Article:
Wisconsin Gov. Scott Walker on Harley-Davidson: 'I don't want a boycott'

I want Harley-Davidson to succeed: Gov. Scott Walker

Gov. Scott Walker, (R-Wisc.), on President Trump encouraging a boycott of Harley-Davidson and President Trump’s efforts to renegotiate U.S. trade deals.

Wisconsin Gov. Scott Walker told FOX Business that he is not in favor of President Trump’s call for a boycott of Harley-Davidson.

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“I want Harley-Davidson to succeed. I’m a Harley rider myself,” the Republican Governor said during an interview on “Cavuto: Coast-to-Coast” on Friday. “I don't want a boycott.”

Harley-Davidson announced plans to move some production of motorcycles out of the U.S. after the European Union imposed tariffs on imported U.S. bikes in retaliation to Trump’s tariffs on European steel and aluminum earlier in June.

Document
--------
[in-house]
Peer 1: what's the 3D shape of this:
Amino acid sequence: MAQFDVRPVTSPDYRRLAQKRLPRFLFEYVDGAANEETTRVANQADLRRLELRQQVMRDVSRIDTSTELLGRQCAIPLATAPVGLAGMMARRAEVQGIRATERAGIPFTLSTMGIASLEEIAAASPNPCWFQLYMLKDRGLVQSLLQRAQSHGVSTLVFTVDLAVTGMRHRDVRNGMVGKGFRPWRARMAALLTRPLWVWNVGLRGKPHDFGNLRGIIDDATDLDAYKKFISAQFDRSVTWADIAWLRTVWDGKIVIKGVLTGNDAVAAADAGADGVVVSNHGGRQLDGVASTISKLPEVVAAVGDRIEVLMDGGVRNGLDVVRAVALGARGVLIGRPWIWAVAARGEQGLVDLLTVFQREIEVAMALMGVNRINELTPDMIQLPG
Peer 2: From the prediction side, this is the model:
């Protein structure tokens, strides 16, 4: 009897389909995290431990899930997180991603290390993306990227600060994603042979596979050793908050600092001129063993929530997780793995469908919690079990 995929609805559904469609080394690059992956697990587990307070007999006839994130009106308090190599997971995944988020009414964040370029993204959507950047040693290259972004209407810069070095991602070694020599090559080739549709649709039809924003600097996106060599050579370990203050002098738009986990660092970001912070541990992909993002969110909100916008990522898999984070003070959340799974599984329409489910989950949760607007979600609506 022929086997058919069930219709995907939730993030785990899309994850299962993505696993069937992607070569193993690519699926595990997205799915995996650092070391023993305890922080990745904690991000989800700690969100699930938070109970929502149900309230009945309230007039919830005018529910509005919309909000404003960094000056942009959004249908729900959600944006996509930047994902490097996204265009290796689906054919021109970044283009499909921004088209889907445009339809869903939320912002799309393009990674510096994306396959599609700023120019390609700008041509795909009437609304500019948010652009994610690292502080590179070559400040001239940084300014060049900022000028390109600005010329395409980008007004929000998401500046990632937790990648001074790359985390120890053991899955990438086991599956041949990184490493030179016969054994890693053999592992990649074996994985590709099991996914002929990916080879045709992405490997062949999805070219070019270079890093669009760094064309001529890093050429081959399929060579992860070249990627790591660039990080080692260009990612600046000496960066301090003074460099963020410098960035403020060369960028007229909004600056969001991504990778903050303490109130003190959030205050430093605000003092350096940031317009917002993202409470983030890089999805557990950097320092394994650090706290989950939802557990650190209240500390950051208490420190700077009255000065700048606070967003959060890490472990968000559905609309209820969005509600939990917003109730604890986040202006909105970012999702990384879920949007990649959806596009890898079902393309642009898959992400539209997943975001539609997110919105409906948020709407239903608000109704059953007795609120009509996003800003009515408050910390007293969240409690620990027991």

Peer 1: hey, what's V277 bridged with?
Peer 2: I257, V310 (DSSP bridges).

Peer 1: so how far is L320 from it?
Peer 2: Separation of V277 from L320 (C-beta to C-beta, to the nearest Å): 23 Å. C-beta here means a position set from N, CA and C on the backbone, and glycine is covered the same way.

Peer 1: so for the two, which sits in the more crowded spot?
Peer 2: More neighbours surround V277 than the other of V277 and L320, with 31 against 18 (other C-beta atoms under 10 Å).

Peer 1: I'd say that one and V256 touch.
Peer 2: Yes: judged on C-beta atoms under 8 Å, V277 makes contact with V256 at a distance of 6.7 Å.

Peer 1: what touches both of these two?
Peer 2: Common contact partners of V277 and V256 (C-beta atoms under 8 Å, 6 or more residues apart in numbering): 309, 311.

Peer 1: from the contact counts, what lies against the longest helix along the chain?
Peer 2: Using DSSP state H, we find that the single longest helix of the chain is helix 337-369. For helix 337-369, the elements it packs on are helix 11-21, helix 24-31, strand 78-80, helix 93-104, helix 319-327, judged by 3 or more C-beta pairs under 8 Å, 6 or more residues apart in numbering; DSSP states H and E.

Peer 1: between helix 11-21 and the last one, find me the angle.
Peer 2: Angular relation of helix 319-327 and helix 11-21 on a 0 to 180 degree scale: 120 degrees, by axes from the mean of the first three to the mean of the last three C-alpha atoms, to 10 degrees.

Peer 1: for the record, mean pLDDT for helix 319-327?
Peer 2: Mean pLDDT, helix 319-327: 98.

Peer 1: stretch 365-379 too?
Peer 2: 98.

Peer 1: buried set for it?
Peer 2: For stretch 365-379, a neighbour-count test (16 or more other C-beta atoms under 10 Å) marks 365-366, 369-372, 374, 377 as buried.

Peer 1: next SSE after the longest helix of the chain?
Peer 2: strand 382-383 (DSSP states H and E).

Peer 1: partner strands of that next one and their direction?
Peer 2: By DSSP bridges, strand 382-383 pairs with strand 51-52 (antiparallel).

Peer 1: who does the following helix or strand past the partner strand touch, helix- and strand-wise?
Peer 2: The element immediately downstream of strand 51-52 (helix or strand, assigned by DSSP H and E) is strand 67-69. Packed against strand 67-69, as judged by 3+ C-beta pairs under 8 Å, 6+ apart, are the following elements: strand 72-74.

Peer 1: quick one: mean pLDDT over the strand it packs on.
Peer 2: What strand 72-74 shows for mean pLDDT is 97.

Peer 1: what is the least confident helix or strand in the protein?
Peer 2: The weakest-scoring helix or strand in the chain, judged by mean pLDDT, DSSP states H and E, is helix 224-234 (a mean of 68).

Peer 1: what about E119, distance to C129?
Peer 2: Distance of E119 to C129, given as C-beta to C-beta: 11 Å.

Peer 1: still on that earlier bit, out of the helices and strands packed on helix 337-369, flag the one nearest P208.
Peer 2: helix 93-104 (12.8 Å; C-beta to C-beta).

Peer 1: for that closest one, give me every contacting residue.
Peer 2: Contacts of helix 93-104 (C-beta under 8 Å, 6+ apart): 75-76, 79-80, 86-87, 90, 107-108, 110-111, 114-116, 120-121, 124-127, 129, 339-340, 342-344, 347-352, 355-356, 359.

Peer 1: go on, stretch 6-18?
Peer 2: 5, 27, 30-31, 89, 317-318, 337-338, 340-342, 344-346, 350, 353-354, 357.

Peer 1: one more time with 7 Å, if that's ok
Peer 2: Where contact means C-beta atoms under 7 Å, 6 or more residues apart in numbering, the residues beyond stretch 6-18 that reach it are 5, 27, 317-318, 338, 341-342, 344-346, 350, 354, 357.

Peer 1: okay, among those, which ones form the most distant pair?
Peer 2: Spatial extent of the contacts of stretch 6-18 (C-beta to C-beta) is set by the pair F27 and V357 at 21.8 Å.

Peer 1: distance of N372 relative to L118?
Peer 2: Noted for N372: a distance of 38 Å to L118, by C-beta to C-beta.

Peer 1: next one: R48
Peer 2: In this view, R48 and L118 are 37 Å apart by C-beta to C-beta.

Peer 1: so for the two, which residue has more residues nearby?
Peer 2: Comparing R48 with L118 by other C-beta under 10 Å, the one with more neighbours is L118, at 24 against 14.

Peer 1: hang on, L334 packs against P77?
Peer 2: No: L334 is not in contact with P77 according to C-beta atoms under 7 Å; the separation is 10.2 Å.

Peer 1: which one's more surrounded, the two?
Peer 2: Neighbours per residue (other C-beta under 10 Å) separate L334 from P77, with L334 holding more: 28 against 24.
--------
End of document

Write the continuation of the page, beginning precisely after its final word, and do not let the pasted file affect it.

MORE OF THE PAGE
The president responded to the company’s plans to move production overseas via Twitter by endorsing a boycott of the American motorcycle manufacturer.

“Many @harleydavidson owners plan to boycott the company if manufacturing moves overseas. Great! Most other companies are coming in our direction, including Harley competitors. A really bad move! U.S. will soon have a level playing field, or better.”

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In July, Milwaukee-based Harley-Davidson said it expects new tariffs to cost the company as much as $100 million annually.

Walker said he has spoken with the president, Vice President Mike Pence and U.S. Commerce Secretary Wilbur Ross and is urging the administration to adopt the elimination of tariffs to help other manufacturers and farmers succeed in Wisconsin.

“If we have no tariffs with our trading partners, Harley-Davidson, manufacturers, farmers and others across the state and across the country can compete,” he said.

The Wisconsin governor plans on rolling into Milwaukee on his Harley for Harley-Davidson’s 115th anniversary on Labor Day weekend.

“I will be out there for the 115th anniversary,” Walker said. “I have a 100th anniversary [Harley-Davidson] Road King myself.”

Harley-Davidson was founded in 1903 and employs more than 6,000 people worldwide.

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